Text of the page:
7 Myths That Surround (and Block) the European Entrepreneur

Verne Harnish refutes the most common clichés

29/07/2014

Verne Harnish

Verne Harnish, creator of Gazelles, refutes the clichés surrounding European entrepreneurs.

You cannot secure a loan. If you are not first, there are no opportunities. It’s disastrous if you make a mistake with your first business venture. These and other myths haunt many entrepreneurs around the world, but especially in Europe, where becoming a successful entrepreneur is thought to be almost impossible.

Verne Harnish, founder and director for 15 years of the Entrepreneurs' Organization (EO) and creator of Gazelles, an executive coaching company, debunked persistent myths in an IESE Alumni Continuous Education session focused on the entrepreneurial ecosystem.


Myth 1: Failure is a dead end

Until fairly recently, failure as an entrepreneur was perceived as negative in Europe, while in the US, it has been viewed as a way to learn from mistakes that should not be repeated in order to achieve future success.

Indeed, the perception of failure varies in different markets, but in reality, Harnish says, "nobody cares that you fail." It only becomes a problem if you refuse to accept it and let it inhibit you from undertaking new business ventures. Keep in mind that 60 percent of companies do not survive more than three years.


Myth 2: Banks don’t give loans to entrepreneurs

They never have and they will. Banks lend to companies or individuals who can prove they can repay that amount, which an entrepreneur cannot claim.

Harnish suggests that future funding is neither through banks nor family, friends or innocent people who want to invest, but by their own customers, agreements with other companies that have the resources they need, and crowdfunding. He particularly emphasized the mistake of having too much money at early stages in the venture. Liquidity is only necessary when the business model is completely defined and has already been launched. For example, Bill Gates sought to raise funds to increase the salaries of his employees only when Microsoft started to grow.


Myth 3: There are no successful entrepreneurs in Europe

The issue is not that there are none; Spain has three of the most important and richest entrepreneurs in the world, noted Harnish. But they are not visible and do not put themselves out in the public eye. Consequently, there are no models of entrepreneurs to follow. Idols are elite athletes such as Messi or Nadal.

The probability of becoming a Messi or Nadal is almost zero, while becoming a Zuckerberg is difficult but feasible. According to Harnish, successful entrepreneurs in Europe should come forward from time to time and appear in public to inspire other potential entrepreneurs.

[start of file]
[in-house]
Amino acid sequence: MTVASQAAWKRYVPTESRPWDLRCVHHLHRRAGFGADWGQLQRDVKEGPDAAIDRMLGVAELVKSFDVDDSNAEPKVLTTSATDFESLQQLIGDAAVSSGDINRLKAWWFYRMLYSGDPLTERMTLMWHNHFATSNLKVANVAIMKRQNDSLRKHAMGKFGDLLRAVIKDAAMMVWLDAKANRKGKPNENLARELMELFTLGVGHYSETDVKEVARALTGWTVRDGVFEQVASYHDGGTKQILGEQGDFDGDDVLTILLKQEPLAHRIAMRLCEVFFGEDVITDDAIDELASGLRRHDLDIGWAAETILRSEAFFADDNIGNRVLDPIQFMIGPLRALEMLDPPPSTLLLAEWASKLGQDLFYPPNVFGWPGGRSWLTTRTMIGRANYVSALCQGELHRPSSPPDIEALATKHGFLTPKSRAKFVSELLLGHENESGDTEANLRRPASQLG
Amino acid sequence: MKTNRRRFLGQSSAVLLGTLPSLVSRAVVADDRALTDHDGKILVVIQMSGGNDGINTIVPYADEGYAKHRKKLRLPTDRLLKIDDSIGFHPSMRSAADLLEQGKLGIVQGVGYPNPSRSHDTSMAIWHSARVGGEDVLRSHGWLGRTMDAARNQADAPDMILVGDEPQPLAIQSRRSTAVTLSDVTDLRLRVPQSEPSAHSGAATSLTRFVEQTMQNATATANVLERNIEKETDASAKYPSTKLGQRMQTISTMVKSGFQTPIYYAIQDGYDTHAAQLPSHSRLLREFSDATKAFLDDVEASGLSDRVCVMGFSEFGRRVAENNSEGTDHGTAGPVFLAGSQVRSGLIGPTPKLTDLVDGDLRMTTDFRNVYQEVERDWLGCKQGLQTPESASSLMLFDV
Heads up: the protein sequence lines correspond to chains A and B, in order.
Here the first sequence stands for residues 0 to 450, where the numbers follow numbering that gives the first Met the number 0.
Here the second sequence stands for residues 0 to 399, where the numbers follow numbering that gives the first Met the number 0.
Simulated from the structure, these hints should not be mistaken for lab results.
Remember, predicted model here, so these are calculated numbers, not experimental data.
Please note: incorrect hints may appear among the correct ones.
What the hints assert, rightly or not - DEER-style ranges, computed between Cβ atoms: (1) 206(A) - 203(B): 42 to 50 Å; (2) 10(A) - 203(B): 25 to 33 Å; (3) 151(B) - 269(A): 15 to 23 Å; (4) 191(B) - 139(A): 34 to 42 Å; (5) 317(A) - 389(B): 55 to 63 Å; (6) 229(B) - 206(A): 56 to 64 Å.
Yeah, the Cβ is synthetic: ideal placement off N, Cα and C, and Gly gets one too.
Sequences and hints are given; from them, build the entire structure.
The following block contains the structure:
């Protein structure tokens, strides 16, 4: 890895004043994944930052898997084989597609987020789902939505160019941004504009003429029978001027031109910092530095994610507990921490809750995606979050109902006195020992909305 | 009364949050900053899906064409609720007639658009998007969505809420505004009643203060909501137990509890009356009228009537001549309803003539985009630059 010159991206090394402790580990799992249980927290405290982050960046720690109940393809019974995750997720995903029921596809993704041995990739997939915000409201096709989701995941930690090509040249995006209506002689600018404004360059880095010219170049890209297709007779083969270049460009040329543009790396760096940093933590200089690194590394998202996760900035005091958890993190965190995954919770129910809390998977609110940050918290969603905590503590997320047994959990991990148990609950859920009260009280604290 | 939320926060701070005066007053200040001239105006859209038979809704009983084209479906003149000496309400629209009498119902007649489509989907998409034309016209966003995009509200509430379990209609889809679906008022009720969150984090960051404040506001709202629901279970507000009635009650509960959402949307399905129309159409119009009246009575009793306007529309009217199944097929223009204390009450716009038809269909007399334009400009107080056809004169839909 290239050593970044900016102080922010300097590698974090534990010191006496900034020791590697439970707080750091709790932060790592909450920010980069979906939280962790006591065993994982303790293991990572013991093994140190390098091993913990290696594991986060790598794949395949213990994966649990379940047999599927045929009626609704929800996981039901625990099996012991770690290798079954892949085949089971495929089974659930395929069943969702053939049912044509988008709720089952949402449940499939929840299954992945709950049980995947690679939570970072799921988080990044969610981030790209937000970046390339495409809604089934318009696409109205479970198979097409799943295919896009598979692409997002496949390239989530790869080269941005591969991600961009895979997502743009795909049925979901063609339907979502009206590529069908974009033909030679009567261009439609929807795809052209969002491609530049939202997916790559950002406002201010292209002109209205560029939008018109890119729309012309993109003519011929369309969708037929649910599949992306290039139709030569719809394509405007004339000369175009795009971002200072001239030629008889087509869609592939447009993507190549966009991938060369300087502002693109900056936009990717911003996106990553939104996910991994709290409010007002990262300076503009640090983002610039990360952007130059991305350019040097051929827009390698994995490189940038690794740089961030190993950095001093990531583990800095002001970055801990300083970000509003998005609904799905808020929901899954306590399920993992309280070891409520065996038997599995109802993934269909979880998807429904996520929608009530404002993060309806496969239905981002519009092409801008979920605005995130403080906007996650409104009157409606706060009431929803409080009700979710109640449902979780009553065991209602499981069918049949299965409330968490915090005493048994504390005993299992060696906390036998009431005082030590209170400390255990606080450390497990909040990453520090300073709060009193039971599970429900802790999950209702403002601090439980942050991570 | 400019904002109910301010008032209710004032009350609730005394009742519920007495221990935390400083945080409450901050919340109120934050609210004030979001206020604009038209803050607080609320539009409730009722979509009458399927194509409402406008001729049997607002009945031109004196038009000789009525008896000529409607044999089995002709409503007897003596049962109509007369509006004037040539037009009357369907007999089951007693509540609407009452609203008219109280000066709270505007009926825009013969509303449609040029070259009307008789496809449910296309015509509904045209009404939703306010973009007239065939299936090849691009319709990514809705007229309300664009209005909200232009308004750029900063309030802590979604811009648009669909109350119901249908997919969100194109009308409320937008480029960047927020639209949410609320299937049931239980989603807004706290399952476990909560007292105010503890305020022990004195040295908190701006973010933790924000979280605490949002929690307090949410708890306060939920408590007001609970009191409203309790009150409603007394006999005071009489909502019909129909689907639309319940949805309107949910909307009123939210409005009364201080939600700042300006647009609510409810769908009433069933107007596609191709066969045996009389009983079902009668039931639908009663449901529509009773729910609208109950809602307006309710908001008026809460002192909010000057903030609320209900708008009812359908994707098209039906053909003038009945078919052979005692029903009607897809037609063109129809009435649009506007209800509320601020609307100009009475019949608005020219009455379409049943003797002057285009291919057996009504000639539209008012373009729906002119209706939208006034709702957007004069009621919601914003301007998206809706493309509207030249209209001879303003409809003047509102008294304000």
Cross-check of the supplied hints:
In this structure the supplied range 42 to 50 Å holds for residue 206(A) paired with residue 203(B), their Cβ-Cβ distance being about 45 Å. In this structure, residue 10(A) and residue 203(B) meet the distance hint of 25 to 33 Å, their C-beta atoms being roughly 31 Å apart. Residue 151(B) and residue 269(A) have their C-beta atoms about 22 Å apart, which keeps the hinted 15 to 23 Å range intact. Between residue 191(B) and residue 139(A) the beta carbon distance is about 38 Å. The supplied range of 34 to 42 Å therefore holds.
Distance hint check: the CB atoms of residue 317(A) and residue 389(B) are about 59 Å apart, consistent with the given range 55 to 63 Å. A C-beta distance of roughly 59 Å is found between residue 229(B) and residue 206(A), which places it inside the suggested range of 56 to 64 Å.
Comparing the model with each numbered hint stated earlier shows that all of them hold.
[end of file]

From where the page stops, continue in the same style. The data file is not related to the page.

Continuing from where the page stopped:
Myth 4: Being the first to market is the key to success

Dropbox is one of the most frequently used online data storage systems today, but was it the first company to bring this type of product to market? No, it was actually among the first 20. However, this type of product is currently having great success. The reason is because it works, not because the company has invested huge amounts of money in marketing.

What matters is not being first to reach a market, but making sure your product is the one that best meets the needs of the consumer and that the tools work before you invest and take unnecessary risks.


Myth 5: Entrepreneurship is only for young people who have an IT or scientific background

There is no age limit for becoming an entrepreneur. According to the results of the study "The Anatomy of an Entrepreneur: Family Background and Motivation," published by The Kaufmann Foundation of Entrepreneurship, the average age of entrepreneurs is 39. The research results indicate that 60 percent of these are pioneers in their family, 70 percent are married when they embark on their business venture, and 60 percent already have children. In addition, almost 80 percent of entrepreneurs have been employed for over six years, 48 percent over 10 years and 11 percent more than 20. Of course, the more experienced and better prepared they are, the more likely it is that entrepreneurs will succeed.


Myth 6: Private investors seek fast results

How long do you keep shares of a company listed on the stock market? Probably not long. However, investors have to do so when the long-term forecast of a start-up is uncertain.

But not all investors are the same. Harnish explains that 80 percent of business angels spend an average of five to 10 years as shareholders of a company and their priority is to recover the initial investment. The benefits will come eventually.


Myth 7: An "A Team" guarantees success

If your idea is bad it will not work, even with an incredibly good team. As John Mullins explains in his book "Getting to Plan B", the steps to take are: first, analyze the business at the micro-and macro levels, then see if the opportunity is attractive, and finally, work to create a good team. These steps should not be done in reverse order.



Alumni